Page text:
Today it is critical that you make your voice heard in the Ramsey County Attorney and St. Paul City Attorney offices. Demand that they drop all pending and current charges against journalists arrested while reporting on protests outside the Republican National Conventions.

    The Ramsey County Attorney’s office is in the process of deciding whether or not to press felony P.C. (probable cause) riot charges against Democracy Now! Producers Sharif Abdel Kouddous and Nicole Salazar. Please contact Ramsey County Attorney Susan Gaertner by all means possible to demand that her office not press charges against Kouddous and Salazar.

    Ramsey County Attorney Susan Gaertner (cc: 651-266-3222

    Susan Gaertner for Governor (cc: (612) 978-8625 (612) 804-6156

    The St. Paul City Attorney’s office has already charged Amy Goodman with misdemeanor obstruction of a legal process and interference with a peace officer. Contact St. Paul City Attorney John Choi by all means possible to demand that the charges against Goodman be dropped immediately.

    St. Paul City Attorney John Choi (cc: (651) 266-8710

  9. ytown
    Posted September 5, 2008 at 1:29 pm | Permalink

    More delusional libs

  10. Michael Schils
    Posted September 5, 2008 at 5:56 pm | Permalink

    Bush Pushes for More Police Power, Wednesday, September 3, 2008, by Nat Hentoff

    (My summary with comments)
    Quietly, Bush and Attorney General Michael Mukasey are pushing for new FBI guidelines that could target racial and ethnic groups (and others) without any evidence of wrongdoing.

    Four Democratic senators – Russ Feingold, Richard Durbin, Edward Kennedy and Sheldon Whitehouse have reminded the attorney general of his oath to protect the Constitution. Conspicuously, the dem leader Harry Reid has been silent on this matter.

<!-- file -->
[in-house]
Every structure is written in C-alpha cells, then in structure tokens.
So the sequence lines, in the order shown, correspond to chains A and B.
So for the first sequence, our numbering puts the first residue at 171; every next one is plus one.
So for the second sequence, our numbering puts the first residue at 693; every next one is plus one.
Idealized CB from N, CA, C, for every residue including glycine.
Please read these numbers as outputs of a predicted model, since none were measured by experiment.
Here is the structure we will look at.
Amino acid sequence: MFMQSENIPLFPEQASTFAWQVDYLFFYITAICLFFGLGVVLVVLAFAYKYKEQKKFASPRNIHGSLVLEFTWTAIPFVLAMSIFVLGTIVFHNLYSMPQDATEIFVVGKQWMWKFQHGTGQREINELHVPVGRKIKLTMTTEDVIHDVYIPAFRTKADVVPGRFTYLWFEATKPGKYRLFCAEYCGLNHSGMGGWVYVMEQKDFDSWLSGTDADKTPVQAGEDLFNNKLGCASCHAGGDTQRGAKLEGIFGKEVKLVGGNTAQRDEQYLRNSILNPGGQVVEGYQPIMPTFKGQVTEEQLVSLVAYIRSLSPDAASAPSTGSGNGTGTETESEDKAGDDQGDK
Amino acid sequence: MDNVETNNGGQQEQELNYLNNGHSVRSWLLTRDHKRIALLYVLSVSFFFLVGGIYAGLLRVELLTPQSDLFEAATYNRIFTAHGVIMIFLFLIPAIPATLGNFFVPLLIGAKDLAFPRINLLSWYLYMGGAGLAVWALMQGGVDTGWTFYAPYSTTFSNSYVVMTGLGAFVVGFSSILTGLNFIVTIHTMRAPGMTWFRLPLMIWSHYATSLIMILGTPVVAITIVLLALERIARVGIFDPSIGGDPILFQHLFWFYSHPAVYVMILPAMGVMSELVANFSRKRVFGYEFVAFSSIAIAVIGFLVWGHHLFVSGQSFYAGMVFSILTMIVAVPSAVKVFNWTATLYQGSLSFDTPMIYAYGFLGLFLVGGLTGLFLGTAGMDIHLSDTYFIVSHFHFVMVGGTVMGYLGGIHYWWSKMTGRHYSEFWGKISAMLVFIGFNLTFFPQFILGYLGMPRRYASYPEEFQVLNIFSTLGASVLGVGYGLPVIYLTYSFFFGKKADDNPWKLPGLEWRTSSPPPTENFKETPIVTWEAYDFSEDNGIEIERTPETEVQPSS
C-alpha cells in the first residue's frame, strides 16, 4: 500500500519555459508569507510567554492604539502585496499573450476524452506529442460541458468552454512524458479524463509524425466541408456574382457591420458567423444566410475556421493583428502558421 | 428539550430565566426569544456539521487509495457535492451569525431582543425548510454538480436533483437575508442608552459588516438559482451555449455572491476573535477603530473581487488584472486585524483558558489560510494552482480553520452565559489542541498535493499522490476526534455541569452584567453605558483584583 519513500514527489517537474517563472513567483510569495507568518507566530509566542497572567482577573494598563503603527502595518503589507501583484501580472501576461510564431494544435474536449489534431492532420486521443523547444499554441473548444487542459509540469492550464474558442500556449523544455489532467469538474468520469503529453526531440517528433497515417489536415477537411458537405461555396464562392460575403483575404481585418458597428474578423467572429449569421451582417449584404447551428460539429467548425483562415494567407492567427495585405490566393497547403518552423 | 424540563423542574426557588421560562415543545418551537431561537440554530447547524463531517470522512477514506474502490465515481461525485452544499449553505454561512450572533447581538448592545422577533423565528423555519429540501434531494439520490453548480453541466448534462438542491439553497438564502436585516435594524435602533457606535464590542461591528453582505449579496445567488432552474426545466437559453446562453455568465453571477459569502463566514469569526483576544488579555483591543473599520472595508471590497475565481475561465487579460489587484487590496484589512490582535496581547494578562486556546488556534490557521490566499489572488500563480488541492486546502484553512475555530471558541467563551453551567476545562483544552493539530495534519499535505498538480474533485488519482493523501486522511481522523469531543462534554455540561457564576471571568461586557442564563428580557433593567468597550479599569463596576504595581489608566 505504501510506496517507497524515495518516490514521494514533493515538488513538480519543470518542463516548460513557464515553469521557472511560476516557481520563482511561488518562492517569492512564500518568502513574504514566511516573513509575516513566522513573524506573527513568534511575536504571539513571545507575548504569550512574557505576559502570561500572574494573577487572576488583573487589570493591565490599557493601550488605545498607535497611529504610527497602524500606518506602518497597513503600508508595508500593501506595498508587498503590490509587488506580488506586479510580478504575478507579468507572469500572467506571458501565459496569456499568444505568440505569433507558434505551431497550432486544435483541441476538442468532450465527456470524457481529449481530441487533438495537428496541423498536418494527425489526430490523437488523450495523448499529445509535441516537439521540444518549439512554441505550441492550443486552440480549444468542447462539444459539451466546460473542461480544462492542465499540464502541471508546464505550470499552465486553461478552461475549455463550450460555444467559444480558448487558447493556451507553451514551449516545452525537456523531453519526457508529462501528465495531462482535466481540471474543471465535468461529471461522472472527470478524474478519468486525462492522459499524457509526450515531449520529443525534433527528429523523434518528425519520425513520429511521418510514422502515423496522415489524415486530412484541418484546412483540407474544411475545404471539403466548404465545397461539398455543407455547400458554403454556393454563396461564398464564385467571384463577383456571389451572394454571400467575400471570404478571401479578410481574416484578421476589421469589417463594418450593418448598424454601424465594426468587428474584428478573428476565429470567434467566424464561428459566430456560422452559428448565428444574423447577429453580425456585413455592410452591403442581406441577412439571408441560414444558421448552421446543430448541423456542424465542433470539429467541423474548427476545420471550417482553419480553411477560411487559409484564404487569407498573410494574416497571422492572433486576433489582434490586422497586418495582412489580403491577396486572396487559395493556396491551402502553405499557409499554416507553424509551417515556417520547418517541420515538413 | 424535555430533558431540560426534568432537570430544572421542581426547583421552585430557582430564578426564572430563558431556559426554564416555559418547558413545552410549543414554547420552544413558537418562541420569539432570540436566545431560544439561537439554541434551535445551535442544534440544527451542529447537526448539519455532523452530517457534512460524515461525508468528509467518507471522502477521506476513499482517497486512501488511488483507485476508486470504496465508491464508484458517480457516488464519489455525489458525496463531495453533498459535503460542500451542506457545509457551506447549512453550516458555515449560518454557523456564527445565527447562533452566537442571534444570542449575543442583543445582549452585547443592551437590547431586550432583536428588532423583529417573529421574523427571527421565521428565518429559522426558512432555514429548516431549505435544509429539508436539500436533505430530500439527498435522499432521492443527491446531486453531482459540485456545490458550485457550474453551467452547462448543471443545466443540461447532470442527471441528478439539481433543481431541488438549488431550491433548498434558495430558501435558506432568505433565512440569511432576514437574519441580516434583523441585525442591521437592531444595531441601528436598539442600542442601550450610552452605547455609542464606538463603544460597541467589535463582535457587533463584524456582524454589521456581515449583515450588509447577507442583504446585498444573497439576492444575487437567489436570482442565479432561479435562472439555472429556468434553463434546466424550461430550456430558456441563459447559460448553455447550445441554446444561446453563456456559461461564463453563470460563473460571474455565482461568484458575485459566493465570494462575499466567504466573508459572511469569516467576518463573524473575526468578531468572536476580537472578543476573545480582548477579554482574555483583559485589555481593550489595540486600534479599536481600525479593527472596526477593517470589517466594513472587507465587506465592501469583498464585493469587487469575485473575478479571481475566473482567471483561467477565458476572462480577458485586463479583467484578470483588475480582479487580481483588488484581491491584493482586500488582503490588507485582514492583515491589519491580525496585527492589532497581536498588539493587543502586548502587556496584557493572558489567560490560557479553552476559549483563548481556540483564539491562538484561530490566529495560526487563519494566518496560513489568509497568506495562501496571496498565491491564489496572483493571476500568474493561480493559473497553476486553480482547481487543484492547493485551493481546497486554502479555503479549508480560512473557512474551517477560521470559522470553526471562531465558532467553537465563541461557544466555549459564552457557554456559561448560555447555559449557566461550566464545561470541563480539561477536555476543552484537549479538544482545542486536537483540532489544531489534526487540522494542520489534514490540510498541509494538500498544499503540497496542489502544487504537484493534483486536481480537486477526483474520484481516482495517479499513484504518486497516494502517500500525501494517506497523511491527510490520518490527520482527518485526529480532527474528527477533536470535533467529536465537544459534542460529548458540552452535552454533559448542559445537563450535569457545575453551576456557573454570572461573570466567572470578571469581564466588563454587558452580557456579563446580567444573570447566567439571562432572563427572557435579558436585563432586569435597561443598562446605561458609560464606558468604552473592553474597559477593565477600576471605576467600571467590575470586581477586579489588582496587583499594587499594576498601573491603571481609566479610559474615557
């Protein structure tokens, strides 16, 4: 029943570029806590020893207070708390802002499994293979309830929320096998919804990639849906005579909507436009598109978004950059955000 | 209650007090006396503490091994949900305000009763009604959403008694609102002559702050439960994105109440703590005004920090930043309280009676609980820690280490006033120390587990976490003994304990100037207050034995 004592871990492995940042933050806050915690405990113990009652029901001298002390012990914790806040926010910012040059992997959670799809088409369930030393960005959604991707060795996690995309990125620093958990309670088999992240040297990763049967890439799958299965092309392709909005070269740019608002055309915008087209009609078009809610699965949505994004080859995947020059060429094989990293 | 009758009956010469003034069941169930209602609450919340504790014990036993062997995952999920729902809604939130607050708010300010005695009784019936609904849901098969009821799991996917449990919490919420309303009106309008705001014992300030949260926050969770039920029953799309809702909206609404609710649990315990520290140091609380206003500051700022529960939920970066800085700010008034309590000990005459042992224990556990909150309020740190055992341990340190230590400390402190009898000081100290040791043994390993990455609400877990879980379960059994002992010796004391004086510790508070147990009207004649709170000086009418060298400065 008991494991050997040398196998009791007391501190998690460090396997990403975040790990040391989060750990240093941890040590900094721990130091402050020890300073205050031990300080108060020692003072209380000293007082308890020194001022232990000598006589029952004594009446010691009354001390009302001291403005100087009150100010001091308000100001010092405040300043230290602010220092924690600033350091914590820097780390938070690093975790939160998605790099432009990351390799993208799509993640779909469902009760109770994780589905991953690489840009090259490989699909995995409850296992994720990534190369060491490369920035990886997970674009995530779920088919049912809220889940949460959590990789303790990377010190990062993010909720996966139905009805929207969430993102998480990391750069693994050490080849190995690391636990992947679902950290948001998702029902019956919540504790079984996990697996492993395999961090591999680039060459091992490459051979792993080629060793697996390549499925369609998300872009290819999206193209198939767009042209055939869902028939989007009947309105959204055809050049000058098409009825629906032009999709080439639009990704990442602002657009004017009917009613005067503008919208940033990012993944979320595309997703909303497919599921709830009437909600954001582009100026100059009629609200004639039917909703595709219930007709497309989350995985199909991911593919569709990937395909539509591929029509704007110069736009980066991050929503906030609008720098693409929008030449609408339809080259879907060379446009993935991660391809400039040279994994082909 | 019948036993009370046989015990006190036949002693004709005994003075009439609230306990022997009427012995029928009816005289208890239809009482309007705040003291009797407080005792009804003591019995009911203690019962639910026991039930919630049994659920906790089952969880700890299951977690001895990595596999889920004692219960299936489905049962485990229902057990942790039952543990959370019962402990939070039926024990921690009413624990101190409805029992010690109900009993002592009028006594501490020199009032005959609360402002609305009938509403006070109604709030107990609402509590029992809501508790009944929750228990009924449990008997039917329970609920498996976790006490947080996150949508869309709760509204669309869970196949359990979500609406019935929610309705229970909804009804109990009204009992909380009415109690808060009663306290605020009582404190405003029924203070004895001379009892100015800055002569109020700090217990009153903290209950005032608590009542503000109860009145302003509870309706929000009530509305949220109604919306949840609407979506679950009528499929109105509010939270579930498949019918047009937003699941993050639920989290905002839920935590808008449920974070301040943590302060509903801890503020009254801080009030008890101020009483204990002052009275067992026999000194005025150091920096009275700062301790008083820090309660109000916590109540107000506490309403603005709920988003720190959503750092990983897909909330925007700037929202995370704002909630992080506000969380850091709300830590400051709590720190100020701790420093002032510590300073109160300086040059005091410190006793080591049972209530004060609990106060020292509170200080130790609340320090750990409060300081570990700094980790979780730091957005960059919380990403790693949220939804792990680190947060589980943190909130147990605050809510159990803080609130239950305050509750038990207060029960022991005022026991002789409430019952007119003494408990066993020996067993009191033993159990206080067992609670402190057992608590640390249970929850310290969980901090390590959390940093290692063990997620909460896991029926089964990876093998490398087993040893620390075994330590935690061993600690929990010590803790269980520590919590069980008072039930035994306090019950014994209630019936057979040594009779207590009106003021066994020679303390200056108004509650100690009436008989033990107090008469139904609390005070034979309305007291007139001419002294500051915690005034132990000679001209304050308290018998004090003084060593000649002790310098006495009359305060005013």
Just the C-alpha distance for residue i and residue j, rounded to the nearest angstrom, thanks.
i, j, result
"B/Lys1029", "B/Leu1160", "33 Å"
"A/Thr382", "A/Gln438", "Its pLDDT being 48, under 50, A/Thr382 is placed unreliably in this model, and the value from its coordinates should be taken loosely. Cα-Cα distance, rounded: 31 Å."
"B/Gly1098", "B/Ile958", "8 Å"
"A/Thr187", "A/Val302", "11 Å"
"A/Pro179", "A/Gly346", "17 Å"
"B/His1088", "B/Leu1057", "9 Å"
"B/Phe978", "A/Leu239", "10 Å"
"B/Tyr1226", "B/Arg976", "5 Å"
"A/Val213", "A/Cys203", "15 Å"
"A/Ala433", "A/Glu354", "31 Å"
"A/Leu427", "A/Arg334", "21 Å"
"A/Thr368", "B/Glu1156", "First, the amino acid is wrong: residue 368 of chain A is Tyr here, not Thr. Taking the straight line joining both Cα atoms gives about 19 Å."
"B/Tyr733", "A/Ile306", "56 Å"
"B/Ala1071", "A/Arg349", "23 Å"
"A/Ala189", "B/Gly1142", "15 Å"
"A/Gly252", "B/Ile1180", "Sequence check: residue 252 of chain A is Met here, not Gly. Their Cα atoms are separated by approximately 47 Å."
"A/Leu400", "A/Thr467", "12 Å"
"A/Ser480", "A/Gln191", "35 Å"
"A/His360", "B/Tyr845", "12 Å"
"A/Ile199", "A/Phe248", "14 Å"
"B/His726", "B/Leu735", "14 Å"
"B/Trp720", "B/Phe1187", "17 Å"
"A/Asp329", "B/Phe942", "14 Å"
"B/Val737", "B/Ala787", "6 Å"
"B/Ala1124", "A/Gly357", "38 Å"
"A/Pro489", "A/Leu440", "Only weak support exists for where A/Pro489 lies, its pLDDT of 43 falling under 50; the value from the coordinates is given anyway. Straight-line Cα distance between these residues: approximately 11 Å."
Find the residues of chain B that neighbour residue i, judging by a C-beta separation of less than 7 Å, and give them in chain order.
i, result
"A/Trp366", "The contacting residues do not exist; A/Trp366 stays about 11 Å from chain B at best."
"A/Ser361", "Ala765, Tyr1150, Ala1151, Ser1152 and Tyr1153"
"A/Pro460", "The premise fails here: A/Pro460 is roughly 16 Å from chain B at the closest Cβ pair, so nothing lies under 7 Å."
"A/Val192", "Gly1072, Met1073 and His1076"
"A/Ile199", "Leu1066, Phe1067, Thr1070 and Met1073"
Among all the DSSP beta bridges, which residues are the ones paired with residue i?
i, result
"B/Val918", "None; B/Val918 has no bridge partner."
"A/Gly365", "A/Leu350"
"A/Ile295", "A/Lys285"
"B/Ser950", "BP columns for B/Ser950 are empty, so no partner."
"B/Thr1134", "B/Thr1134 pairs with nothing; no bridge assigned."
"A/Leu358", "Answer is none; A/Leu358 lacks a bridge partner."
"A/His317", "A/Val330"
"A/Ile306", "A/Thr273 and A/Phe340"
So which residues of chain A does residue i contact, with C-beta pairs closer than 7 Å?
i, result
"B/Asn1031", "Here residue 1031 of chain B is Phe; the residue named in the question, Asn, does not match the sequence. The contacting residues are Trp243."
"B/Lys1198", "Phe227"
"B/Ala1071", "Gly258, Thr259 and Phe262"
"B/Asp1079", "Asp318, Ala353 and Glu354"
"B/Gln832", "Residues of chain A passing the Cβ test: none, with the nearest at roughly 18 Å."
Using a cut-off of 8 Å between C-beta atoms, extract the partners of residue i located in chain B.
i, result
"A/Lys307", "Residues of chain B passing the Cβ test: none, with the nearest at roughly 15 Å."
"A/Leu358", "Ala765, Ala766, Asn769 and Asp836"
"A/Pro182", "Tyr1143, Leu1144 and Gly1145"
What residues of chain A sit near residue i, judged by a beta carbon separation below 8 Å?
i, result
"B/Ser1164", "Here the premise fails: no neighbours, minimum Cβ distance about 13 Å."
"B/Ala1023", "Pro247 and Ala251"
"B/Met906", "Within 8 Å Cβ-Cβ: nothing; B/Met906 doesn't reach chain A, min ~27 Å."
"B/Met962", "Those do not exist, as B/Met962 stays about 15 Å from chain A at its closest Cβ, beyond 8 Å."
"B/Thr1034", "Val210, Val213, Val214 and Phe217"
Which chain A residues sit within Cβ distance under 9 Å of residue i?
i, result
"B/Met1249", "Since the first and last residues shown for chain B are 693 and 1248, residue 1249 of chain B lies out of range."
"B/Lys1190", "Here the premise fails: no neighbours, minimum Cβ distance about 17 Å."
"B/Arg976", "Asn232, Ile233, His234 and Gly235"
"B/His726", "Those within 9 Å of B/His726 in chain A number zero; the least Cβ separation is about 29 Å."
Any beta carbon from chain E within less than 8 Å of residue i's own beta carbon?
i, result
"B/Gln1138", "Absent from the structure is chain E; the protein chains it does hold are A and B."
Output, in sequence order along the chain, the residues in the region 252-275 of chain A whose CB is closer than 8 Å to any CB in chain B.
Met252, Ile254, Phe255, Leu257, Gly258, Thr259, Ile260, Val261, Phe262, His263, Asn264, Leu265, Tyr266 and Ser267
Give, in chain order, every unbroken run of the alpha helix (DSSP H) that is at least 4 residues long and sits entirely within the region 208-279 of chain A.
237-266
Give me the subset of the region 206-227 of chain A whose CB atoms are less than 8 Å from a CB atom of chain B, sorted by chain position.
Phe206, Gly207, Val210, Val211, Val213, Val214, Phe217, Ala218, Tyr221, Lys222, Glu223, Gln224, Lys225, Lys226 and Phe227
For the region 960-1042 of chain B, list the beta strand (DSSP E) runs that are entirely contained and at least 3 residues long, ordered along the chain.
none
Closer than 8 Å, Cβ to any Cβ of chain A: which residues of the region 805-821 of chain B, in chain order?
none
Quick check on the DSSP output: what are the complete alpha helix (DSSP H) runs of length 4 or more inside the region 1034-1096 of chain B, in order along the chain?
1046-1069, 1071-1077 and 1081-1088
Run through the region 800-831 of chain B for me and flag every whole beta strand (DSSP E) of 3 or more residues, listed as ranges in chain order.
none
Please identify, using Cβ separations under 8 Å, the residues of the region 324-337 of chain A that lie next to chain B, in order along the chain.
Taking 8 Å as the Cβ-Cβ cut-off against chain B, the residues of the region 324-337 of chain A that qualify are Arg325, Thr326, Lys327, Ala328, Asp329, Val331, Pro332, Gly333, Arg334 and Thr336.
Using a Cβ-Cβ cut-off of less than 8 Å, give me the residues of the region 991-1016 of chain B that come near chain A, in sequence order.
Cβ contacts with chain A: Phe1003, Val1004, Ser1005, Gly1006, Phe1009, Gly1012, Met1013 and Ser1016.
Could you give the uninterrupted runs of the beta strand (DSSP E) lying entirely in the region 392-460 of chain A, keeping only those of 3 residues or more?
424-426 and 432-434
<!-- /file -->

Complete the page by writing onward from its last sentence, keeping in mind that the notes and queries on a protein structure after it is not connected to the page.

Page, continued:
The four democrats object that the new FBI guidelines “might permit an innocent American to be subjected to such intrusive surveillance based in part on race, ethnicity, national origin, religion, or on protected First Amendment activities.

    These new rules will undermine the restrictions placed after the FBI abuses of the 1950s and 1960s.

    Mukasey also plans on replacing the “probable cause” requirement for search and seizure of the 4th Amendment with mere “sispicion”.

    The article states that Mukasey wants to start using these new rules on October 1. However, the reports, videos, and pictures of Gestapo-like “pre-emptive” raids over the last week from Minnesota indicate that these new rules are already being implemented.

    This of course fits a pattern we should all be used to by now. Our government breaks the law and then – from the Patriot Act through the FISA – they intimidate the weakly democrats into legislation designed to retroactively make their crime “legal”.

    As the author states, this would be a good time for Obama to speak out against this revision of the Bill of Rights. I would also add that if Barack came out right now and said that he would overturn these new rules when he’s elected, then that would certainly be “change I could believe in”. But I’m still waiting…(tapping toe to sound of crickits chirping)

    I now return you to your regular programming…(Palin, Palin, Palin)…

  11. ytown
    Posted September 5, 2008 at 6:50 pm | Permalink

    “without any evidence of wrongdoing.” and you know this, how? I am sure you have an inside track to their investigations.

    “sispicion”. ?

  12. Michael Schils
    Posted September 5, 2008 at 7:13 pm | Permalink

    Of course, that should be “suspicion”. Thank you for spotting my typo.

    I’m not sure what your question is. The “without any evidence of wrongdoing” is in reference to the FBI initiating an investigation. The new rules will only require the FBI to have a “suspicion” but no evidence.

  13. ytown
    Posted September 5, 2008 at 9:07 pm | Permalink

    So you assume that they didn’t have any evidence, because the rules supposedly say they don’t need any

  14. Posted September 5, 2008 at 9:25 pm | Permalink

    I can’t believe I’m agreeing with ytown. He’s got a point.

  15. Michael Schils
    Posted September 6, 2008 at 2:10 am | Permalink

    OK, maybe I wasn’t clear enough, so I will try again.